Being Disciples of the New Evangelization

On May 27, Cardinal Thomas Collins, Archbishop of Toronto, spoke to a full audience of young adults at Theology on Tap about "The New Evangelization and the Year of Faith: The Challenges of the Contemporary Church." His Eminence explained seven facets of what it means to be a disciple of the Lord in the context of the New Evangelization: Call, Relationship, Variety, Conversion, Community, Vision, and Mission.

Everyone is called by name to encounter the person of Christ. We encounter Christ by living through Him, with Him, and in Him. Each person is called to a different, unique personal relationship with the love of Christ the Saviour.

The New Evangelization accepts the variety of people that God has created. The Church is not an elite and perfect club. It is a community of sinners in communion with saints. “If you seek a perfect church, when you find it, join it. On that day, it will cease to be a perfect church.”

The conversion of disciples is a lifelong process that does not end with baptism or confirmation. St. Peter's denial of Jesus three times exemplified his struggle with faith. In the Divine Comedy, the lifelong, arduous process is depicted as a seven storey mountain. Thomas Merton's autobiography speaks effectively about this journey.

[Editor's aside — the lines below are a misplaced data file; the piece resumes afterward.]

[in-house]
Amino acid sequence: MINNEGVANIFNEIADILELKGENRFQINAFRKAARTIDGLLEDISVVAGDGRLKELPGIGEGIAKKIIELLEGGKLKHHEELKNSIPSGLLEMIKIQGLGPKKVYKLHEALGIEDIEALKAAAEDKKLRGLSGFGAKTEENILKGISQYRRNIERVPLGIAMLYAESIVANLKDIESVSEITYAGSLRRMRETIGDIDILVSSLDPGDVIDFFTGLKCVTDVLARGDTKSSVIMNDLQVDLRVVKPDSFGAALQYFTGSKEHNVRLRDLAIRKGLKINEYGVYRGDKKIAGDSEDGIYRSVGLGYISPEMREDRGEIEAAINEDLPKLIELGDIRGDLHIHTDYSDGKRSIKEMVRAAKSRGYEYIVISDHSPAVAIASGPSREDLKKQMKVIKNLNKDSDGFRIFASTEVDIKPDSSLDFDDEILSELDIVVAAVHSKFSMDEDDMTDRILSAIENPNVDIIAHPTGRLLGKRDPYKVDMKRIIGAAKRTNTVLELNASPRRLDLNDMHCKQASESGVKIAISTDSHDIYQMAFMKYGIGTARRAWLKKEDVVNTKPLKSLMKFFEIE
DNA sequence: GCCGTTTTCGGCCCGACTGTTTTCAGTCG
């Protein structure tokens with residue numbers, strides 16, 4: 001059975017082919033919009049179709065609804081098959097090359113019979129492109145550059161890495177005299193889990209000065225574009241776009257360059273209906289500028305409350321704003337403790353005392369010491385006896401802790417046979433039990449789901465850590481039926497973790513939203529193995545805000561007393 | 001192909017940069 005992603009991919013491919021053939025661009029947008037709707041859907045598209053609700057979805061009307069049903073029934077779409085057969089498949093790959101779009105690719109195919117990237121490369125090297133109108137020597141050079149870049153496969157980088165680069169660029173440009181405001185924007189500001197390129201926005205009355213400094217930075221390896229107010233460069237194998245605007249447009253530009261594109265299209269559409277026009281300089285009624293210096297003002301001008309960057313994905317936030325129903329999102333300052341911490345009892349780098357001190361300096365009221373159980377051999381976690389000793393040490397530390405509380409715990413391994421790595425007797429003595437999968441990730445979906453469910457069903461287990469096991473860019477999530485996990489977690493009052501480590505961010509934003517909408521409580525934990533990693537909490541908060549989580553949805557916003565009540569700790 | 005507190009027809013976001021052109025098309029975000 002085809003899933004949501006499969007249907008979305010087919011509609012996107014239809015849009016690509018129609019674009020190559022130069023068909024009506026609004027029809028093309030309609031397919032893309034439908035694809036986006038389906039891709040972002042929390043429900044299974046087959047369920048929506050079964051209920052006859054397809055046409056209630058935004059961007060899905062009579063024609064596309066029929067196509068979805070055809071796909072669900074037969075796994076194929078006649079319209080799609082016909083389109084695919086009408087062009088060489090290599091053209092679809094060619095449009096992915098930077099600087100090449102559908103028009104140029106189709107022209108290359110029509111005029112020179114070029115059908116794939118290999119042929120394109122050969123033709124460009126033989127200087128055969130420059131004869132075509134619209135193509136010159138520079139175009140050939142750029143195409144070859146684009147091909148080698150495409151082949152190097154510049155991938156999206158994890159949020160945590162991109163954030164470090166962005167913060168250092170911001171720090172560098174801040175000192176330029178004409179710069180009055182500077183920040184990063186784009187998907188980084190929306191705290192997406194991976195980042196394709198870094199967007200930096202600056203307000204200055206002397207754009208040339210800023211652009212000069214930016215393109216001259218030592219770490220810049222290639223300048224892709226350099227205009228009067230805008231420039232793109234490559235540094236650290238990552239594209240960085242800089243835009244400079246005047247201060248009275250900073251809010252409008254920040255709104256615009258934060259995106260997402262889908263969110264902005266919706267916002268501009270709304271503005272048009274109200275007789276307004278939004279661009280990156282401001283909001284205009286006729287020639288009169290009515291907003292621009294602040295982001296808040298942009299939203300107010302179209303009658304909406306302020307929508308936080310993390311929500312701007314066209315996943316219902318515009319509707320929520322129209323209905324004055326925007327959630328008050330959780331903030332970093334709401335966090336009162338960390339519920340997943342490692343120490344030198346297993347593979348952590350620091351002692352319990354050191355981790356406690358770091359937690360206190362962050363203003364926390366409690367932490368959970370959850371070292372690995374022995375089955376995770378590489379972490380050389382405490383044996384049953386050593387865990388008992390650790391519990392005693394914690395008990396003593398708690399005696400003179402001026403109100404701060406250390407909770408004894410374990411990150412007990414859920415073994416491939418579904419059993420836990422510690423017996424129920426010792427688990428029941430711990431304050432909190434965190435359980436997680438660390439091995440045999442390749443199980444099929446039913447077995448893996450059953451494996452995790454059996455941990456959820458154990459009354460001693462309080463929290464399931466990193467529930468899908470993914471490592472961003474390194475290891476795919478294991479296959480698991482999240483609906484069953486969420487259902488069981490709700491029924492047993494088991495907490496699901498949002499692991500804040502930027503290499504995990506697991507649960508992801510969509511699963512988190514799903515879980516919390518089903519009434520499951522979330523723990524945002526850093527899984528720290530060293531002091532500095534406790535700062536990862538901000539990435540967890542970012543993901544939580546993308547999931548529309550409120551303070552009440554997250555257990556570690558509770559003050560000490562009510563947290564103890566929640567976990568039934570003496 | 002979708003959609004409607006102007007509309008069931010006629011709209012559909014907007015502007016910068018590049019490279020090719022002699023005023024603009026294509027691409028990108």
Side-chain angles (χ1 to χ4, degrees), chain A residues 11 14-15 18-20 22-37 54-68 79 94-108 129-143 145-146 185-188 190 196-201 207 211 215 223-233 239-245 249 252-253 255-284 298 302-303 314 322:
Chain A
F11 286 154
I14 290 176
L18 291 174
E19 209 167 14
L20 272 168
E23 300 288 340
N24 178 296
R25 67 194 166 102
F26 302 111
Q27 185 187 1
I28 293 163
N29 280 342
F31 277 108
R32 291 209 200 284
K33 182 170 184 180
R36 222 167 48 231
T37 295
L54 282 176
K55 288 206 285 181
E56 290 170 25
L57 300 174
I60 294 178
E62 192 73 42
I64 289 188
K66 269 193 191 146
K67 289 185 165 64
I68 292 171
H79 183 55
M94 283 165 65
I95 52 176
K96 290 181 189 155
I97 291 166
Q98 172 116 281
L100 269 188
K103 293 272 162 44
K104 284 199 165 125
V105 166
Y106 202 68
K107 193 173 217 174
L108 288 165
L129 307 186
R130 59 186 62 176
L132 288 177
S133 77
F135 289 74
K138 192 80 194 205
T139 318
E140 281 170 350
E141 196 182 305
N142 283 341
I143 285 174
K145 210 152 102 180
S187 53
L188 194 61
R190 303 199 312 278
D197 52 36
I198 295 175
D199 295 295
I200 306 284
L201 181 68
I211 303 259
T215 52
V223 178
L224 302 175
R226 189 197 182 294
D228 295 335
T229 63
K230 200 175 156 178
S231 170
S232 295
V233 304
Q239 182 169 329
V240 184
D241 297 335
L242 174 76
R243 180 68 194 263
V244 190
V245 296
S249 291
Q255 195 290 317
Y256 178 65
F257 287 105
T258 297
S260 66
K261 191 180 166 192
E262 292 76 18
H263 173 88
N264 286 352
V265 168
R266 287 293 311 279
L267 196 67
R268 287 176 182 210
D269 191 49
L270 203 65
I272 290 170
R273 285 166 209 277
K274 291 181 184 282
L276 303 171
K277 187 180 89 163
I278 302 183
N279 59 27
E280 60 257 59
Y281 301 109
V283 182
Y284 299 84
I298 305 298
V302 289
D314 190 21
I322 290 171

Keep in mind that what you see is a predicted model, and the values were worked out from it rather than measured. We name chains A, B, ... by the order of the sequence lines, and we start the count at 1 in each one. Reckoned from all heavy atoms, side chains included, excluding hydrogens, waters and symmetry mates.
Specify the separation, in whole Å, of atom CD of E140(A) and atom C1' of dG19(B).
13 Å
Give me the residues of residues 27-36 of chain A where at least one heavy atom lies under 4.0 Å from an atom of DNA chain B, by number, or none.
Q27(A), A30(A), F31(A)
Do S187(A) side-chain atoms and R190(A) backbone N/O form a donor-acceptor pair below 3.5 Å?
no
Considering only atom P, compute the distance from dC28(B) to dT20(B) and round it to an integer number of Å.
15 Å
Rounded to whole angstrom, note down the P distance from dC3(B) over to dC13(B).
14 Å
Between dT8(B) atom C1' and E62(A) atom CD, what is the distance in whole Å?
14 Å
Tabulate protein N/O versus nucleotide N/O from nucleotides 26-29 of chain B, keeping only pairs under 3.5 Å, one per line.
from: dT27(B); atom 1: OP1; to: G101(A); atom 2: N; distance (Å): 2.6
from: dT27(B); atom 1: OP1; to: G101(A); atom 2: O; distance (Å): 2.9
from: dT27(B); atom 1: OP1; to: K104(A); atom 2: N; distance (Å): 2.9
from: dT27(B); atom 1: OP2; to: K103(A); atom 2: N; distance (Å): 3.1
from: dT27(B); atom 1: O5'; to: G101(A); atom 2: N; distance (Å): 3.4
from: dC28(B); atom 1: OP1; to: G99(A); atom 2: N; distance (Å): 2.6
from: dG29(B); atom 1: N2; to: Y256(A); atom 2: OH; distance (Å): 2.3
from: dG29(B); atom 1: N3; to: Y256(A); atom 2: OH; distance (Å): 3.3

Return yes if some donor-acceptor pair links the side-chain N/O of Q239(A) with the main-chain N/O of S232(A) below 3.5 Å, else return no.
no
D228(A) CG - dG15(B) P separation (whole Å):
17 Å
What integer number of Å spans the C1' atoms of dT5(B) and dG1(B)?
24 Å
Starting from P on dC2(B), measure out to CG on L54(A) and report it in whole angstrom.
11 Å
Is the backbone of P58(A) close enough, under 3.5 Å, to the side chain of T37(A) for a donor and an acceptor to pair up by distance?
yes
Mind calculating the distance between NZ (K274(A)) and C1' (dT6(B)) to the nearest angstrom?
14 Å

The New Evangelization calls disciples to be part of a community that look outwards. The greatest love is that which develops and grows between strangers. We can't get too inwardly focused or clingy with friends and family, even though familiar people may appear to provide us with security and comfort.

The New Evangelization follows a vision of the New Jerusalem with clear doctrine about what it means to be a Christian. Religion without doctrine is like a father's love without a father. We can't just wander around in a fog. The vision may be difficult to grasp because it comes from God. We cannot master the God who made us, but we do see the the glory of God, as shown to us in the Gospels, through the Church, and through the saints.

Finally, the New Evangelization calls its disciples on a mission. At the beginning Jesus called us to come and follow Him; at the end He calls us on a wild, glorious adventure to go out and make disciples of all nations through teaching and baptism.

— by a Theology on Tap volunteer